Last updated: October 29, 2014
Trade Names: Tracleer
Drug Class: Endothelin receptor antagonist
Preparations: Tablets: 62.5 and 125 mg
Dose: Initially 62.5 mg twice daily for a month; if tolerated, increase to 125 mg twice daily in adults weighing >40 kg.
Indications: (Only available through Tracleer Access Program, a restricted distribution program)
Pulmonary arterial hypertension; off label use for severe digital ulcers with Raynaud’s
Mechanism of Action: Blocks endothelin A and B receptors and prevents vasoconstriction
Contraindications: Hypersensitivity, pregnancy, use of glyburide or cyclosporine
Precautions: Because of teratogenicity and risk of liver impairment, prescribing is restricted through REMS program to registered prescribers. Avoid with hepatic impairment. Obtain baseline LFTs and monitor. Exclude pregnancy. Use 2 methods of reliable contraception.
Monitoring: Monitor LFTs at least monthly. Stop bosentan if transaminases have increased and there are any symptoms of clinical hepatic injury (fatigue, jaundice, nausea, increased bilirubin>2x upper limit of normal). Decrease dose to 62.5 mg twice daily or interrupt therapy and monitor carefully (at least every 2 weeks) if a modest (3 to 5 times) increase in transaminases and no clinical symptoms of liver injury. Stop drug if transaminases are markedly elevated (five times or greater). Perform a monthly pregnancy test. Monitor hemoglobin monthly for 3 months, then every 3 months.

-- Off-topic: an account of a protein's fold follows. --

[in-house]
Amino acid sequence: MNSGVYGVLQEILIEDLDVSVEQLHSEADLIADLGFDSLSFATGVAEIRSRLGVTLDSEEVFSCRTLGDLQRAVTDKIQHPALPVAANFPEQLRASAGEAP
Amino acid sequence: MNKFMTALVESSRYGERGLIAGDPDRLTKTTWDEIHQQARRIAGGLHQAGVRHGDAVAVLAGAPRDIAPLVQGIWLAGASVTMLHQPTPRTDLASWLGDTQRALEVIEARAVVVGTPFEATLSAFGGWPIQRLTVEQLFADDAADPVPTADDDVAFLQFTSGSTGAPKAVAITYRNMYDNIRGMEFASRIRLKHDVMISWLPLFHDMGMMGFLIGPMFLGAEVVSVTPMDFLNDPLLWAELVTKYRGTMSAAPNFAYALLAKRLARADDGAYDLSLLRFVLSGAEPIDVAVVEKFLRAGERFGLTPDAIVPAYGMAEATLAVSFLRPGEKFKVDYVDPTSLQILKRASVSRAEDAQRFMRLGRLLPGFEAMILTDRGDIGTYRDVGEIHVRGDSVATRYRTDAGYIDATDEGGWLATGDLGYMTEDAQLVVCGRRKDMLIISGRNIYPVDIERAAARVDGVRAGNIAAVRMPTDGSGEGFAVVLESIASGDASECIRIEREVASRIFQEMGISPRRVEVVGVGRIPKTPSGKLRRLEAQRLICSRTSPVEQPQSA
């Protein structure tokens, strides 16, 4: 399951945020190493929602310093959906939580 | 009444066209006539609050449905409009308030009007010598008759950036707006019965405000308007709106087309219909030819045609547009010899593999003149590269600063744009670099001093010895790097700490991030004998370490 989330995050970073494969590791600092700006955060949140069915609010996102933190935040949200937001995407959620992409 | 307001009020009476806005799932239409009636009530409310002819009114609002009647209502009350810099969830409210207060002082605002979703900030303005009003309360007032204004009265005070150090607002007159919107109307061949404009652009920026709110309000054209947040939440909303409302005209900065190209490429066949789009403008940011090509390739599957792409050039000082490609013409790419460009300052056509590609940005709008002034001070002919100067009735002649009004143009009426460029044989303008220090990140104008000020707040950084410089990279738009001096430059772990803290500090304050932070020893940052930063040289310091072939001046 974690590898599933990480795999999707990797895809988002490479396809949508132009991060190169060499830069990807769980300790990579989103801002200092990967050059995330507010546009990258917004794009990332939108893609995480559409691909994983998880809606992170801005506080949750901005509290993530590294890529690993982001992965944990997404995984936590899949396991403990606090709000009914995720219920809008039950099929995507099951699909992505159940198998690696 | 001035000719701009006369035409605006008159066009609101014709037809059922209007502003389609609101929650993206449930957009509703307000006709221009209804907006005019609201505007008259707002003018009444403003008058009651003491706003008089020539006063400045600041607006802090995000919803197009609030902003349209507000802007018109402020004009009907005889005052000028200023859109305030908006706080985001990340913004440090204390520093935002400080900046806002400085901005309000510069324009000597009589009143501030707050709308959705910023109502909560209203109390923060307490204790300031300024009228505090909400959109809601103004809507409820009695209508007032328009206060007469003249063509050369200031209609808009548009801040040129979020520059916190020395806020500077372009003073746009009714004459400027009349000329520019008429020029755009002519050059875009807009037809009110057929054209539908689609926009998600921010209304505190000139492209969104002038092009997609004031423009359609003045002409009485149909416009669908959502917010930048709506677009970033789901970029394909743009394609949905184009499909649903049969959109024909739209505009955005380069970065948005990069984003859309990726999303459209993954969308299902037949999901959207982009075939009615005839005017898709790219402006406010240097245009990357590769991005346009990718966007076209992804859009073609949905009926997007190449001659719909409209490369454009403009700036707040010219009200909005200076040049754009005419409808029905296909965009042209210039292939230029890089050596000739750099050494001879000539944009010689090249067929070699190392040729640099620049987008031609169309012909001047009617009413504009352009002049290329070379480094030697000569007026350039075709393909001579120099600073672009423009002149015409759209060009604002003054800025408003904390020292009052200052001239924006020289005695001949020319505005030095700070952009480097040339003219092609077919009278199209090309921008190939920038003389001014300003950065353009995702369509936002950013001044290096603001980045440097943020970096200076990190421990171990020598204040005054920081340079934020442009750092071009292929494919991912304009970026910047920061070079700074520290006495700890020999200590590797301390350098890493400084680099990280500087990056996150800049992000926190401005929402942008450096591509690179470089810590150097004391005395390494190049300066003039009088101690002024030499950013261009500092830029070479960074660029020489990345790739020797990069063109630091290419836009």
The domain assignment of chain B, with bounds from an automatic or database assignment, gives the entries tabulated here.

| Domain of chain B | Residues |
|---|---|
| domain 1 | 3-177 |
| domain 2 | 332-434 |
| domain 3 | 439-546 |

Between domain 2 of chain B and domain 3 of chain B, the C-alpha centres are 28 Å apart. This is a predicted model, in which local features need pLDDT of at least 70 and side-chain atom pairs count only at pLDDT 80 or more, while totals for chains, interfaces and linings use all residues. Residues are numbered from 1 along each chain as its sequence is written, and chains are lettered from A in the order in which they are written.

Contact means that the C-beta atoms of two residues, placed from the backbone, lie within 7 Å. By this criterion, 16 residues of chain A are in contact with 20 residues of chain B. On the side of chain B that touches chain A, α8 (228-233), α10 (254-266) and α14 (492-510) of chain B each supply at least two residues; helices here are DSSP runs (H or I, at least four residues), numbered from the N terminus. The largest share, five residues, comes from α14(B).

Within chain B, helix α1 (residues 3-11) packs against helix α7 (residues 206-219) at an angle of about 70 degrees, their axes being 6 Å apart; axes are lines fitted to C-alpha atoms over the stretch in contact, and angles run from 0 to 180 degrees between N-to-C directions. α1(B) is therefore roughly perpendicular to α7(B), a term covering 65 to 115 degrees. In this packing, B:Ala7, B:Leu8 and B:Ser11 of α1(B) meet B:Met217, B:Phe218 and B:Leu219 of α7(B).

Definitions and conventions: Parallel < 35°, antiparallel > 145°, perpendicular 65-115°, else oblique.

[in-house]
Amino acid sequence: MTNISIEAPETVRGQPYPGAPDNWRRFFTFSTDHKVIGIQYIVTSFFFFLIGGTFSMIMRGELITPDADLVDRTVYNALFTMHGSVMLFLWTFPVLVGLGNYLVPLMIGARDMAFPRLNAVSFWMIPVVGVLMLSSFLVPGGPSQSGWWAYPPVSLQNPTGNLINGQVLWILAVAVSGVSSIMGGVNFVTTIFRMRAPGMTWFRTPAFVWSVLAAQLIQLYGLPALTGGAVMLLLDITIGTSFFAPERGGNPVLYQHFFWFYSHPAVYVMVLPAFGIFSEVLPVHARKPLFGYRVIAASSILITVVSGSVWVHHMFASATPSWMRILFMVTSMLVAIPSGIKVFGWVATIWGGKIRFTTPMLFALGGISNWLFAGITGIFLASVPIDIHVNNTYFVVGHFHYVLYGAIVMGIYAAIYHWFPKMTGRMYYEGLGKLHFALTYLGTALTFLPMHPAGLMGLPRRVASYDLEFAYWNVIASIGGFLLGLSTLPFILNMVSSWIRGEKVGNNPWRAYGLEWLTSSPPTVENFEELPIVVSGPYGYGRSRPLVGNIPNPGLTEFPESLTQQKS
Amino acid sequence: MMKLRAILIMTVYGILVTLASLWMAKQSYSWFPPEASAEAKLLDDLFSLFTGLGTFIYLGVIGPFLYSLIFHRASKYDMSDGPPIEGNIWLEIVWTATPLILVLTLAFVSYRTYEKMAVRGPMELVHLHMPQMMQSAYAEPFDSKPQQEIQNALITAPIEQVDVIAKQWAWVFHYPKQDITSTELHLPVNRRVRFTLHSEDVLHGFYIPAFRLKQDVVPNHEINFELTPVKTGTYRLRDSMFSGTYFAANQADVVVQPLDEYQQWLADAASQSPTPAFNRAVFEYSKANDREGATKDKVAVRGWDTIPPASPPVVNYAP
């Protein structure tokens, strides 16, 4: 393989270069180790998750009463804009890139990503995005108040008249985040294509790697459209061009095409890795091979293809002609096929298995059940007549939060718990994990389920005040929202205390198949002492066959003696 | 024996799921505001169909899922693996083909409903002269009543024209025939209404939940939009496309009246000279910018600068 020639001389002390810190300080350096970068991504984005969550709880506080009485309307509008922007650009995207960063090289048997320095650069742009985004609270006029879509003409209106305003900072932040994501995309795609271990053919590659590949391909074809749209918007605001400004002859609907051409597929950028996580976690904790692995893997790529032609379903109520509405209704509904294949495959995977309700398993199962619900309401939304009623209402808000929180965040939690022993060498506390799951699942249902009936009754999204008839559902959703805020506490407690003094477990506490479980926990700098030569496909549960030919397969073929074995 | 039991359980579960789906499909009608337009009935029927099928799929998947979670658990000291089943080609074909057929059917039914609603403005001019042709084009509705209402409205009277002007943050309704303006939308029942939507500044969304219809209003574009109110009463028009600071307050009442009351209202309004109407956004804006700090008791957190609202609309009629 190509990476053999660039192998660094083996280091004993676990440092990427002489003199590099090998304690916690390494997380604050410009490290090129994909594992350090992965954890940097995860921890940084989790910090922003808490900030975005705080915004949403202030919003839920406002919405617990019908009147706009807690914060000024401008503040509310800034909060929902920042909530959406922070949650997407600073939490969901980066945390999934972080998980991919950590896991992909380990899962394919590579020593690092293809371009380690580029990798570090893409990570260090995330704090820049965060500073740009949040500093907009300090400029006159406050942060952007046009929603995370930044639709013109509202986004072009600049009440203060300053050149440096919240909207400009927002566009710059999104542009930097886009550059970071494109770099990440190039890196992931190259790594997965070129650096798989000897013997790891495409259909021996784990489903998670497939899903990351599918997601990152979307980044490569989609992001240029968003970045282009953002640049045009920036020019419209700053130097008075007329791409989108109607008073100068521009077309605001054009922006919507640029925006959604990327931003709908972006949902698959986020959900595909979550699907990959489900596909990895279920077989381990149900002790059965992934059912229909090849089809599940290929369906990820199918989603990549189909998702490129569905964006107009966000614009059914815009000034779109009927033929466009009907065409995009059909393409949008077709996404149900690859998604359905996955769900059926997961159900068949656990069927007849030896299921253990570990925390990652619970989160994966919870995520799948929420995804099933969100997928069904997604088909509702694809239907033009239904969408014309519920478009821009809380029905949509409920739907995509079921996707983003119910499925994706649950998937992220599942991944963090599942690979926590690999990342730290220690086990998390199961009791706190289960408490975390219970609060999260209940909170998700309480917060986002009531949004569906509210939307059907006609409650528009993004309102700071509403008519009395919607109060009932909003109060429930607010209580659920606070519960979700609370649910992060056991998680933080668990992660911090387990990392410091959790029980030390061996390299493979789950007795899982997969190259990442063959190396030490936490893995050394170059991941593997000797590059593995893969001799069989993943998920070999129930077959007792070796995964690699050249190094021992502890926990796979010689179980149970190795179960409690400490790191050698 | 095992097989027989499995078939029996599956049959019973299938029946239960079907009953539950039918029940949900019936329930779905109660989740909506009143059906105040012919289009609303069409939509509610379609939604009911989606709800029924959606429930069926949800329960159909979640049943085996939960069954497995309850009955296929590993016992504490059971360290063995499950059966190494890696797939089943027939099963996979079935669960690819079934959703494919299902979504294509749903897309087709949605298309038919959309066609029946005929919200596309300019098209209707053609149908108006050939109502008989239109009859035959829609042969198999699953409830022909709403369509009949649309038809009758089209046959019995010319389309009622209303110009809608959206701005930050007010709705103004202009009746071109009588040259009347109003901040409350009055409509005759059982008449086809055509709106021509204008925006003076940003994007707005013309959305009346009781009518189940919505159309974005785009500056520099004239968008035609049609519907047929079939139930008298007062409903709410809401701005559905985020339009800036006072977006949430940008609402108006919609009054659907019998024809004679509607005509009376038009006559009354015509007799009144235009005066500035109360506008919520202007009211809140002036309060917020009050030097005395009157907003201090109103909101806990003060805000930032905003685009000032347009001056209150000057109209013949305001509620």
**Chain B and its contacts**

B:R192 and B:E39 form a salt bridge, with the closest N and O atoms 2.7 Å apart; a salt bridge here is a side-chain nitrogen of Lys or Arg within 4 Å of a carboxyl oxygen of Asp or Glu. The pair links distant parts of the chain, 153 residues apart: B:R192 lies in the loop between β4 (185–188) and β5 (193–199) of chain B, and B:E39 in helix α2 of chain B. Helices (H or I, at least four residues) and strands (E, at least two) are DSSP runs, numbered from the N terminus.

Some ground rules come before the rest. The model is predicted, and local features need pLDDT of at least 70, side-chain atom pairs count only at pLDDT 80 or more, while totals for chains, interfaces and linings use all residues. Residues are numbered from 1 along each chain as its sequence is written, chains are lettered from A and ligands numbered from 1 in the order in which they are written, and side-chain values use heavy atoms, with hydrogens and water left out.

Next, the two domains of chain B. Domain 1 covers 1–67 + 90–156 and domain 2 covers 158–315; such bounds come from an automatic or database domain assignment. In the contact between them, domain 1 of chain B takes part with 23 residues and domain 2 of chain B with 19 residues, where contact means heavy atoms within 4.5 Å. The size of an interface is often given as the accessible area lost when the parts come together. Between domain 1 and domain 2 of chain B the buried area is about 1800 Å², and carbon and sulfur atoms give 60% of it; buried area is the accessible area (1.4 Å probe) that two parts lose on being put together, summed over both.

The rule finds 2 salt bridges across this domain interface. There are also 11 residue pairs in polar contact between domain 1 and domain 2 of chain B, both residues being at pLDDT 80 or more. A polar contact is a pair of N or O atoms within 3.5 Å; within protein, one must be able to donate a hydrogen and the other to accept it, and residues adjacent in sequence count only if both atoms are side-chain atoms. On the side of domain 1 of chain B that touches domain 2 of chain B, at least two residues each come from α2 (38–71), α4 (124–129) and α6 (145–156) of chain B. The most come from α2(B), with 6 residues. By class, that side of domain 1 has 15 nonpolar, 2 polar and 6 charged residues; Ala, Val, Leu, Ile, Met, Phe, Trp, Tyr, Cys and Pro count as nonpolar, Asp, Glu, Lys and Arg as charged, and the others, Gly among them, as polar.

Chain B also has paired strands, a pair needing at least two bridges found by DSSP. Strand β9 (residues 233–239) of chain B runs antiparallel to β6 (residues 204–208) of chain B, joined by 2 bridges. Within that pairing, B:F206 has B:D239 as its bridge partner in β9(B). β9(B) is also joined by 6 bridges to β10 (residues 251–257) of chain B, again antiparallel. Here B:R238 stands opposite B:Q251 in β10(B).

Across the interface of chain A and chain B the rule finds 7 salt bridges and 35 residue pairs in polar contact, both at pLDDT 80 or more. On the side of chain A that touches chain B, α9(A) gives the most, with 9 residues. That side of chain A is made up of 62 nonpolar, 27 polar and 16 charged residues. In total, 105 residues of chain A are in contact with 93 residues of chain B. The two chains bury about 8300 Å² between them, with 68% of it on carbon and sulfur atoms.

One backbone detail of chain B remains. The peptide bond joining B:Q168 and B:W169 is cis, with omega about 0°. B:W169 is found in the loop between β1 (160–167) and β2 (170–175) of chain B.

Pregnancy Risk: X. Teratogenic; contraindicated in pregnancy
Common: GI side effects, headache, anemia, edema, increased transaminases, decreased sperm count
Less common: Fatigue, flushing, liver injury, rash
Increased bosentan levels: Ritonavir, ketoconazole, cyclosporine and likely other CYP3A inhibitors; CYP2C9 inhibitors including fluconazole and amiodarone.
Increased hepatotoxicity: Glyburide
Decreased levels of other drugs: Bosentan decreases levels of cyclosporine, and because it induces CYP2C9 and CYP3A, it may decrease levels of a range of other drugs including hormonal contraceptives.
Patient Instructions: Do not become pregnant. Report nausea, vomiting, and orange-yellow discoloration of eyes, skin, or urine.
Comments: Bosentan is only prescribed by physicians expert in the management of pulmonary hypertension, generally cardiologists or pulmonologists with a special interest in pulmonary hypertension. Access to the drug is limited and obtained through the Tracleer access program. In subset analysis of a clinical trial, stabilization of 6-minute walk distance occurred in patients with scleroderma with pulmonary hypertension treated with bosentan. Bosentan may decrease formation of new digital ulcers in scleroderma but did not appear to speed healing.
Clinical Pharmacology: Bioavailability, 50%, half-life, 5 hours, hepatic metabolism by CYP3A and CYP2C9
Rubin LJ, Badesch DB, Barst RJ, et al. Bosentan therapy for pulmonary arterial hypertension. N Engl J Med 2002;346:896–903.PMID:11907289
Dhillon S. Bosentan: a review of its use in the management of digital ulcers associated with systemic sclerosis. Drugs. 2009;69:2005-24. PMID:19747014